Long COVID symptoms in SARS-CoV-2-positive children  aged 0–14 years and matched controls in Denmark  (LongCOVIDKidsDK): a national, cross-sectional study

Long COVID symptoms in SARS-CoV-2-positive children  aged 0–14 years and matched controls in Denmark  (LongCOVIDKidsDK): a national, cross-sectional study

Tiempo de lectura: 3 minutos

Lancet Child Adolesc Health

2022; 6: 614–23

Published Online

June 22, 2022

https://doi.org/10.1016/  S2352-4642(22)00154-7

See Comment page 595

Department of Cardiology

(Prof S Kikkenborg Berg PhD,

P Palm PhD,  Prof H Bundgaard DMSc,

A Vinggaard Christensen PhD),  Department of Paediatrics and  Adolescents Medicine

(U Nygaard PhD), and  Department of Infectious

Disease  (Prof S Dam Nielsen DMSc),  Rigshospitalet, Copenhagen  University Hospital,  Copenhagen, Denmark; Faculty  of Health and Medical Sciences,  University of Copenhagen,

Copenhagen, Denmark

(Prof S Kikkenborg Berg,  U Nygaard, Prof H Bundgaard,  Prof S Dam Nielsen); The  National Institute of Public  Health, University of Southern  Denmark, Copenhagen,  Denmark (M N S Petersen MSc,

S Rosenkilde MSc,  A B Thorsted MSc,  Prof A K Ersbøll PhD,

Prof L C Thygesen PhD)

Correspondence to:  Prof Selina Kikkenborg Berg,  Department of Cardiology,  Rigshospitalet, Copenhagen  University Hospital,

2100 Copenhagen, Denmark


Selina Kikkenborg Berg, Pernille Palm, Ulrikka Nygaard, Henning Bundgaard, Maria Nivi Schmidt Petersen, Siri Rosenkilde, Anne Bonde Thorsted,  Annette Kjær Ersbøll, Lau Casper Thygesen, Susanne Dam Nielsen, Anne Vinggaard Christensen.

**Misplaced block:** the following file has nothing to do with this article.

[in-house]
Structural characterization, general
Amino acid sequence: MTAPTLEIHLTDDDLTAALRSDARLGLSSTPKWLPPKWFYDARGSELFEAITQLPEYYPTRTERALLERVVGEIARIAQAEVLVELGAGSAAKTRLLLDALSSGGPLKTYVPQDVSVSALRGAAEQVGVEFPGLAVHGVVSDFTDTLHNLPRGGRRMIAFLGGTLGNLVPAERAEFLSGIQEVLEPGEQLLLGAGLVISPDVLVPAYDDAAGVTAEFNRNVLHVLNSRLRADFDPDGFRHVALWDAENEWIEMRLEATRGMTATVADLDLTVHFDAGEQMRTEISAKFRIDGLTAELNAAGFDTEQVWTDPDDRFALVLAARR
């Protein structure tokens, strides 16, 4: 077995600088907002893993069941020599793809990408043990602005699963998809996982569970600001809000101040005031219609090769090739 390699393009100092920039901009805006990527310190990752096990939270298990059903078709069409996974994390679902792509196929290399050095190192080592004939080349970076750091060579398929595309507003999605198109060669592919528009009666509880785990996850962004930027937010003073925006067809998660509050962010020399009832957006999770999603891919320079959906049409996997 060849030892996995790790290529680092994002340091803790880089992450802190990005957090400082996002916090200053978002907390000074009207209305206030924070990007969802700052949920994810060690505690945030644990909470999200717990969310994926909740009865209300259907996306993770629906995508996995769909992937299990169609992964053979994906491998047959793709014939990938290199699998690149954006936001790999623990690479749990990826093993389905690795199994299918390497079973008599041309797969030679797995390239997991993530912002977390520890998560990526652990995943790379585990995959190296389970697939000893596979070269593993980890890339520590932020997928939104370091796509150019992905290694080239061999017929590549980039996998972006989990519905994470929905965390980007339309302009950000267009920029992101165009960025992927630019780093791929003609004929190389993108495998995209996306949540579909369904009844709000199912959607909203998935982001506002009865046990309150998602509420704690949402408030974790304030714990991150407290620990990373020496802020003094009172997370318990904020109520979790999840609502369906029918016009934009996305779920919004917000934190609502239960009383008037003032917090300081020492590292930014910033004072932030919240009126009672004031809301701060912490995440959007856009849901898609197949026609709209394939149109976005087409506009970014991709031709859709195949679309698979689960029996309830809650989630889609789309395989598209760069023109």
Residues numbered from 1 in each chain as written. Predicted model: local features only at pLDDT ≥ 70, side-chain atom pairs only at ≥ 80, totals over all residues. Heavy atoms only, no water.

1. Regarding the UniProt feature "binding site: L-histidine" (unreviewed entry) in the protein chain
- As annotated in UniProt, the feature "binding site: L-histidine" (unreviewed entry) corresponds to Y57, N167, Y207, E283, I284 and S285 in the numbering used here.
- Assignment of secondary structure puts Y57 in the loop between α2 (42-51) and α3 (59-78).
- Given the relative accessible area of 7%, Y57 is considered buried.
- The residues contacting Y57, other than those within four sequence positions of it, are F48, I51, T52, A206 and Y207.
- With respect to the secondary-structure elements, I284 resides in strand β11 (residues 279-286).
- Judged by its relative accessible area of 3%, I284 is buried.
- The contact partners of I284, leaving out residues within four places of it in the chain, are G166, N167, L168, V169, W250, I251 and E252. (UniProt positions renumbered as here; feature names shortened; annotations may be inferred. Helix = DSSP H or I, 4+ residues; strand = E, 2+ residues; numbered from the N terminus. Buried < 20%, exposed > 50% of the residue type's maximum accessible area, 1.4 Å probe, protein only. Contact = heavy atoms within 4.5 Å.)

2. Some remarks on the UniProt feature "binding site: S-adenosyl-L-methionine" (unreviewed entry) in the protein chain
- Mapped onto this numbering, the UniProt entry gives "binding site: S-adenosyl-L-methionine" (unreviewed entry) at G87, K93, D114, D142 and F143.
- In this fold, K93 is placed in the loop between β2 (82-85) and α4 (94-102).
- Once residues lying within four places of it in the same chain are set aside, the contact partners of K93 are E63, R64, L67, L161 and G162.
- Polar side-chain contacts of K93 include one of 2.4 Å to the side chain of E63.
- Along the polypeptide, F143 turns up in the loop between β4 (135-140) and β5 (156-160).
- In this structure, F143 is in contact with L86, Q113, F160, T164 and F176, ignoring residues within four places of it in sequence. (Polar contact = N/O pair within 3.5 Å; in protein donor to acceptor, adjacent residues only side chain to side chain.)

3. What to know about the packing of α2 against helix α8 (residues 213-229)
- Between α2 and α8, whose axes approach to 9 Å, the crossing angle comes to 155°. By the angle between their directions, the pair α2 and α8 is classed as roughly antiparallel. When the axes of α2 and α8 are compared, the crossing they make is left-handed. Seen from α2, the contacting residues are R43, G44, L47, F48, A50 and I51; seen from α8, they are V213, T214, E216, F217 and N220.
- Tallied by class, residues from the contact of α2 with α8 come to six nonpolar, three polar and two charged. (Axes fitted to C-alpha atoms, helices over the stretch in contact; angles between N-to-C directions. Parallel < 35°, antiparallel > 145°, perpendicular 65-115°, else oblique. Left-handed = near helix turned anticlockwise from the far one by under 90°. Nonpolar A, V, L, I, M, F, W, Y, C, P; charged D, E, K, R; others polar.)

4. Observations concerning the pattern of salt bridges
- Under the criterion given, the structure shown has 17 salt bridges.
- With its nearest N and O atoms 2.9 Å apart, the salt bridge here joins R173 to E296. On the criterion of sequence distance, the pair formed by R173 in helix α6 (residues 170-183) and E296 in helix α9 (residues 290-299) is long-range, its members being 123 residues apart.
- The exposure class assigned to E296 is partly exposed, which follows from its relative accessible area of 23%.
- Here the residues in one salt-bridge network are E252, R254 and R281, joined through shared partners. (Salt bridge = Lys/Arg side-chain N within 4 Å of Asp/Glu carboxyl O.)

Background After the acute phase of SARS-CoV-2 infection, children can develop long COVID symptoms. We aimed  to investigate the prevalence of long-lasting symptoms, the duration and intensity of symptoms, quality of life,  number of sick days and absences from daycare or school, and psychological and social outcomes in children aged  0–14 years who had been infected with SARS-CoV-2 relative to controls with no history of SARS-CoV-2infection.

Methods A nationwide cross-sectional study was conducted including children with a confirmed SARS-CoV-2-positive  PCR test (cases) and matched controls from Danish national registers. A survey was sent to mothers (proxy reporting)  of children aged 0–14 years who had had a positive SARS-CoV-2 test between Jan 1, 2020, and July  12, 2021, and a  control group matched (1:4) by age and sex. The survey included the Pediatric Quality of Life Inventory (PedsQL) and  the Children’s Somatic Symptoms Inventory-24 (CSSI-24) to capture current overall health and wellbeing, and ancillary  questions about the 23 most common long COVID symptoms. Descriptive statistics and logistic regression analysis  were used. Clinically relevant differences were defined as those with a Hedges’ score greater than 0·2. This study is  registered at ClinicalTrials.gov (NCT04786353).